Wednesday, December 23, 2015

Radiation Graduation

Entry 6 in the colorectal cancer blog journal "I've Got a Mass in My Ass".

  Was it really just six weeks ago that I arrived at the Royal Victoria Hospital oncology ward as a wide-eyed wisp of a lad enchanted by a wondrous oasis of complimentary tea biscuits and cranberry juice?  Today was "Graduation Day" after 30 radiation treatments and a month-and-a-half regimen of chemo pills.  I even got to wear a graduation gown of sorts, although it didn't have a backside, and instead of throwing my hat up into the air, I just threw up. 
   Actually, that's not true.  I've been very fortunate in terms of side effects, or - more to the point - lack thereof.  No nausea, no hair or weight loss, no dry skin, no need for adult diapers (thank you, baby Jesus) and no more fatigue than normal for someone who gets up for work at 3:30am five days a week.  Except for an inflamed sciatic nerve that would have put a dent in my belly dancing game if I were a belly dancer, it was a seamless experience that left me short on grievance and long on gratitude.  Even the subsequent discovery that it was cranberry cocktail and not juice failed to dampen my appreciation for the care and compassion I've received since being diagnosed nearly four months ago.  The most important and revealing thing I've learned is that as much as the health care system can seem impersonal, the people are dedicated professionals who give you everything they've got and then some when the chips are down.
   It was a pleasure to engage daily with Javier and Mariko in treatment room 6 at the radiology department, and I hope I never seen them again, except when I drop by to thank them for their help after the doctors tell me I'm good to go.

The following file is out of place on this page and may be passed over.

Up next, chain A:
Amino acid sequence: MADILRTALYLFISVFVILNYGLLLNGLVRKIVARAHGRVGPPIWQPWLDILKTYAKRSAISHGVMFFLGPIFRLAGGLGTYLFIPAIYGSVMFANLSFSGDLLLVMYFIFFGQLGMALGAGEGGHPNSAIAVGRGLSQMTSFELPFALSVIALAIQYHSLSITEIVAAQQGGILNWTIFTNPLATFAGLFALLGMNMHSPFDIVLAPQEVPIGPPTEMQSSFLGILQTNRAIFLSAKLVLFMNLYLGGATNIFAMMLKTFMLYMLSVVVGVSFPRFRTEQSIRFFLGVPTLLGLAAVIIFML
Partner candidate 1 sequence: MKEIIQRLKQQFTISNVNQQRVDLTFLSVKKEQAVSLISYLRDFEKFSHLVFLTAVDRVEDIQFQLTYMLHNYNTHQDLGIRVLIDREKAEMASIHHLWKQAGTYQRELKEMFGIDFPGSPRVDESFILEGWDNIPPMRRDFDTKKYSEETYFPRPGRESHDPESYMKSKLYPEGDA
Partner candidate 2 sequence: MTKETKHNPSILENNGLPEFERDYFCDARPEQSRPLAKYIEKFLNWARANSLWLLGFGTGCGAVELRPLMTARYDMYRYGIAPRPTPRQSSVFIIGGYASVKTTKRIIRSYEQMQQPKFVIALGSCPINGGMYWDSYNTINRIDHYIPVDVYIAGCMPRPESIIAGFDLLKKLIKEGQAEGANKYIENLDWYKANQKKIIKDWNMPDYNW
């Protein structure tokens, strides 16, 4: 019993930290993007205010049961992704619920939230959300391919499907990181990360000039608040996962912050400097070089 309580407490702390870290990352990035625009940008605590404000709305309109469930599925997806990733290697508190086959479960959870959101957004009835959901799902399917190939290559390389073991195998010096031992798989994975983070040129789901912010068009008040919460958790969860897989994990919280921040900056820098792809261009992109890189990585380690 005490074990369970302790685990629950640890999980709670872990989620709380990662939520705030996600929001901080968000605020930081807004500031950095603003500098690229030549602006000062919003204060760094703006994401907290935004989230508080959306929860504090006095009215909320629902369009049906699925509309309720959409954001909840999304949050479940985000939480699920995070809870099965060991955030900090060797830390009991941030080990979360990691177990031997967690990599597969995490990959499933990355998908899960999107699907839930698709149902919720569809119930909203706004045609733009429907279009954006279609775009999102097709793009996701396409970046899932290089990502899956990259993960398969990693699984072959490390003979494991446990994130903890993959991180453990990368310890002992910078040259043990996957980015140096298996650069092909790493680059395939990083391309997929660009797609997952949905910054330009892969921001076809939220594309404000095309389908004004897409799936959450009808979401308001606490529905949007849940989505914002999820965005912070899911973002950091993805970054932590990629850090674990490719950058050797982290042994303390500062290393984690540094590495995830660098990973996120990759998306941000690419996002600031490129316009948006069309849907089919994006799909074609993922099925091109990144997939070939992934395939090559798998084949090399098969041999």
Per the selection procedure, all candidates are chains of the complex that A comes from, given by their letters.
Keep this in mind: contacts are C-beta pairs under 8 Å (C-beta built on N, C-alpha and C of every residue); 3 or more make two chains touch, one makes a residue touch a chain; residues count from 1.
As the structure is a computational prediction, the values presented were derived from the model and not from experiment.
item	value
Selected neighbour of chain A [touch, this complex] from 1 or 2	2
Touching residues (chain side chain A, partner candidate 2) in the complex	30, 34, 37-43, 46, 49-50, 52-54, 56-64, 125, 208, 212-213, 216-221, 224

Merry Christmas, Happy Holidays, and take nothing for granted - except that the Leafs will miss the playoffs again.

Wednesday, December 16, 2015

Yay! Bonus radiation!

Entry 5 in the colorectal cancer blog journal "I've Got a Mass in My Ass".

Turns out radiation therapy is like Petro Points: if you're a regular customer you get a bonus.  Tomorrow was supposed to be my 25th and final radiation therapy session, but I was informed this week that they're giving me five additional "boosts", which I assume from the terminology is like the radiation version of a king can of Red Bull.  In any event, it's a much better deal than Petro Points, which redeem a container of windshield washer fluid for something like every $10,000 of gasoline purchased.

No shit (or none that I've seen)
Despite media reports of sewage backing up in the new hospital, I can happily report that my experience at the Glen site has been fecal matter-free.  I'm a big fan of the facility, which has massive windows all around that help create a bright, positive atmosphere that's the antithesis of some of the older hospitals, which are sufficiently depressing that they could be used as a set for a sequel to Jacob's Ladder.  Whomever books the entertainment at the hospital also deserves kudos.  In the past two weeks, a five piece brass band has played Christmas carols from the floor overlooking the cafeteria, and patients in the oncology ward waiting room have been regaled with festive favorites by a women's quartet and a flutist.  I requested side one of Jethro Tull's Thick as a Brick from the girl with the flute, and was rewarded with a blank stare and crickets.

RIP Kristen
I've mentioned in previous posts that I'm able to make light of being ill because I got an early diagnosis and a positive prognosis, but the gravity of this insidious disease is not to be underestimated.  Last week, a young woman with whom I worked at KIC Country radio passed away after a lengthy battle with cancer.  Kristen Maither was sweet as sugar and tough as nails.  She smiled through pain and exuded humility and gratitude in the most adverse circumstances.  It was a privilege to know her.  Godspeed, Kristen.